ASCENDING IN HOLINESS

From and article by Rav Meir Shpiegelman in Yeshivat Har Etzion's Daf Kesher #114.

We are familiar with the gemara on Shabbat 21b which lays out the manner in which the mitzva of lighting Chanukah candles is to be performed. According to Beit Hillel, we subscribe to the principle that "we ascend in holiness and do not descend," and thus we light one candle on the first night, two on the second, and so on until eight. What the gemara does not explain is why the baseline is one candle and why we add one every night (why not more?). Why should we not light eight candles every night? Even if we say that we are specifically trying to demonstrate this principle of ascending in holiness, we still need to explain why this is so.

When the Chashmonaim entered the Temple after defeated the Syrian-Greeks, they were faced with two possibilities (we are, of course, assuming that they did not know that a miracle would occur, and that they knew that it would be eight days before fresh oil arrived): they could light all of the candles on day one and finish the oil, or they could divide the oil and light one candle each night until more oil came. The second option was contingent on two things: whether the mitzva of lighting the menorah in the Temple could be done with only one light lit, and even if it could, since there was certainly a higher fulfillment to light all of the candles in the menorah, should they light all of them on day one, even though they would not be able to light for the next seven nights?

Our answer begins in the psukim in the Torah that speak about the lights in the Temple and Tabernacle. While there are many, we will focus on four major ones:

  1. Shemot 25:37 presents us with the instruction to build a menorah, stating that its purpose will be to provide light.
  2. Shemot 27:20-21 presents the commandment to make pure olive oil, for the purpose of having a permanent light (ner tamid) lit within the Tabernacle.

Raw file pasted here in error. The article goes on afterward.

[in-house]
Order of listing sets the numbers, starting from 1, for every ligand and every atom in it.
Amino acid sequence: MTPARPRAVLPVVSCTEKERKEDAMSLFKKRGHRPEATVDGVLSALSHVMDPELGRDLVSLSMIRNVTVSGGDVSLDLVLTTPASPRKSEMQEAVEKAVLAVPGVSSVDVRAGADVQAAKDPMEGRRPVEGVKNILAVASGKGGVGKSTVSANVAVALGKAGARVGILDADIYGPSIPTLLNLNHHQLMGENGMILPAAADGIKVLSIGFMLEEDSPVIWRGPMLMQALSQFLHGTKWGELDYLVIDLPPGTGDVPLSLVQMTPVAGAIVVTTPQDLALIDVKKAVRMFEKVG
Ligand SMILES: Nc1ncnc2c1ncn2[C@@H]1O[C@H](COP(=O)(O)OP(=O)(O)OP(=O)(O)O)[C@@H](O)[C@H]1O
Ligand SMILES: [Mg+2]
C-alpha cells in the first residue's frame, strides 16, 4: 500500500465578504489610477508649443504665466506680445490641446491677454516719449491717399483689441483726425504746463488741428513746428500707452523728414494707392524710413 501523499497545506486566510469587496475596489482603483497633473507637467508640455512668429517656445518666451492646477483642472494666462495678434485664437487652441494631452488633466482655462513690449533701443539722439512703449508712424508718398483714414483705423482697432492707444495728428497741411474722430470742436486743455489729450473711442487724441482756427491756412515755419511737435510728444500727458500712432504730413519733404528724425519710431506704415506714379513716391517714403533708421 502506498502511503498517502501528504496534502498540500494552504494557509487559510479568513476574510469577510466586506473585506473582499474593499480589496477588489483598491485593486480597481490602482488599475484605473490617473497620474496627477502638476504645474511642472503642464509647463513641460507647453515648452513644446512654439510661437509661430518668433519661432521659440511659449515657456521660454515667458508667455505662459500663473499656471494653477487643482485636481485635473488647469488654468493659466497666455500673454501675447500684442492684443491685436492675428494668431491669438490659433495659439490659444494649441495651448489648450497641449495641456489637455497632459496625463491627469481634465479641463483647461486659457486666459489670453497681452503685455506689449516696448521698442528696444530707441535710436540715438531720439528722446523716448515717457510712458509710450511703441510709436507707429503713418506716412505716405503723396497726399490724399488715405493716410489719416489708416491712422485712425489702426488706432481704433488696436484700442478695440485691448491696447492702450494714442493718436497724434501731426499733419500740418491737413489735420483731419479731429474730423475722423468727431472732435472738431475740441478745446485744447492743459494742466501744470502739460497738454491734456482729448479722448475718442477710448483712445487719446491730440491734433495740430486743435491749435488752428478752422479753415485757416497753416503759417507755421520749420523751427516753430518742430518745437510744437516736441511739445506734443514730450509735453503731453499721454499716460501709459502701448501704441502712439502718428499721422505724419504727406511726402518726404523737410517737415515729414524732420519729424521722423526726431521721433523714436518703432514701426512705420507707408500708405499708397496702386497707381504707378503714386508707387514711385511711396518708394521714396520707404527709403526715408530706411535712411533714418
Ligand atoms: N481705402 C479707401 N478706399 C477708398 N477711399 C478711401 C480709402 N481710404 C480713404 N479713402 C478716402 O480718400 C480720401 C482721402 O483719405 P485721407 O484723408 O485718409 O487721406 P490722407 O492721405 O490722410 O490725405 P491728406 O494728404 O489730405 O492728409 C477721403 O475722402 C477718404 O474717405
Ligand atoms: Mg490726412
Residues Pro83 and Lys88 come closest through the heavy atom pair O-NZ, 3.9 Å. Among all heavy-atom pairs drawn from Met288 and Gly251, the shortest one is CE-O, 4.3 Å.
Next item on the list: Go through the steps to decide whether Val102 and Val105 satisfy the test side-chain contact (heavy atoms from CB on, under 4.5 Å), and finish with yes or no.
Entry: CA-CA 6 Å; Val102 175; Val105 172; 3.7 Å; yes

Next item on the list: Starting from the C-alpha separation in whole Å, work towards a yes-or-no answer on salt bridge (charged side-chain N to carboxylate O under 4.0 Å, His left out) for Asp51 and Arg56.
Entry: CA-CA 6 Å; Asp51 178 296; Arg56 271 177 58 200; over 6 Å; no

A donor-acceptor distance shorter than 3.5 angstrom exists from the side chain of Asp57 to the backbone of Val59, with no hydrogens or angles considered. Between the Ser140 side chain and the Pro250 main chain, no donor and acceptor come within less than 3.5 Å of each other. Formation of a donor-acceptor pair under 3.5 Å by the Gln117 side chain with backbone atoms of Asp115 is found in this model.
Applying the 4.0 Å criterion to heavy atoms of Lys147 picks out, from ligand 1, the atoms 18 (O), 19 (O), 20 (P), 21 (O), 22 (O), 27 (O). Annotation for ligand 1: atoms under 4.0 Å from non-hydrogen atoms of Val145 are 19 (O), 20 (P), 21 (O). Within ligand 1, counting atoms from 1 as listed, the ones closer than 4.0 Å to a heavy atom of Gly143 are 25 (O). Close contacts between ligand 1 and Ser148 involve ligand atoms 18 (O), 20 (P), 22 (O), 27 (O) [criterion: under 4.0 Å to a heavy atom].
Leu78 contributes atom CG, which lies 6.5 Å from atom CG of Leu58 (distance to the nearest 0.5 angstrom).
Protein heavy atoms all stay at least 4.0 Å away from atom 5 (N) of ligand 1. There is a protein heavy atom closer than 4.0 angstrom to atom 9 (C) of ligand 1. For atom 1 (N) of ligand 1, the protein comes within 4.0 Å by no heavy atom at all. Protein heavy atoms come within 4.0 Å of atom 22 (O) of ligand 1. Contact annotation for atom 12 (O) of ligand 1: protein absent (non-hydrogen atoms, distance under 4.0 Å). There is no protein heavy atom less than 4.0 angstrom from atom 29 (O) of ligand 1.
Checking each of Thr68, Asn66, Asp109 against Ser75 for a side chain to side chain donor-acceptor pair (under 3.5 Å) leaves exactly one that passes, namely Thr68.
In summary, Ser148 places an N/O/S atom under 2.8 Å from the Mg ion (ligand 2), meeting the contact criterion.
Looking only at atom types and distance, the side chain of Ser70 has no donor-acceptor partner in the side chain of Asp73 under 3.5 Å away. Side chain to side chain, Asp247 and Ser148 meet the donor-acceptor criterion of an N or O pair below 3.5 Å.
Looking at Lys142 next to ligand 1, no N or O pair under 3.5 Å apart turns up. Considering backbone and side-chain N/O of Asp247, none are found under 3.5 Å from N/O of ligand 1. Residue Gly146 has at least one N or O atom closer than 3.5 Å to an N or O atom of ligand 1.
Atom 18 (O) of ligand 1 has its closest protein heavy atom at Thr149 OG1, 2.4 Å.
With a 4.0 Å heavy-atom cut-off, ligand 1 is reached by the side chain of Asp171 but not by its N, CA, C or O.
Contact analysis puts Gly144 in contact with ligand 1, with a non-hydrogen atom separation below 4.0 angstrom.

3. Vayikra 24:1-4 reiterates the commandment to make pure olive oil, but now adds the fact that it should be used specifically in the menorah (which is not specified in Shemot 27).
  4. Bamidbar 8:1-4 presents the commandment to Aharon to light the menorah every day.

Already at first glance, the differences among these verses are apparent. The second verse makes no reference to the menorah at all, but merely states that a ner tamid must be somewhere in the Tabernacle. This omission is highlighted by the fact that the third verse is nearly identical to the second, yet it includes the menorah. This verse in Vayikra can perhaps be seen as adding on to the one in Shemot, and thus tells us that the ner tamid in the Tabernacle was to be lit on the menorah. The first verse focuses not on the candles, but rather on the menorah itself, and presents the lighting of the candles as an act which flows from the physical menorah, and not from an independent commandment.

 Using the verses, we can explain several laws that are connected to the menorah, of which we will elucidate three here:

  1. The verse in Bamidbar (#4) details the construction of the menorah. This is done since the lighting of the menorah is seen as a function of the construction of the menorah, and this is the first time that Aharon is commanded to light it (before this point, Aharon was commanded to light the ner tamid, but not the entire menorah).
  2. There are times when the Torah uses the word "ner" (candle) in the singular, and times when it uses the plural "neirot." When the Torah speaks about the ner tamid, the singular is used, and when it refers to all of the candle sin the menorah the plural is used.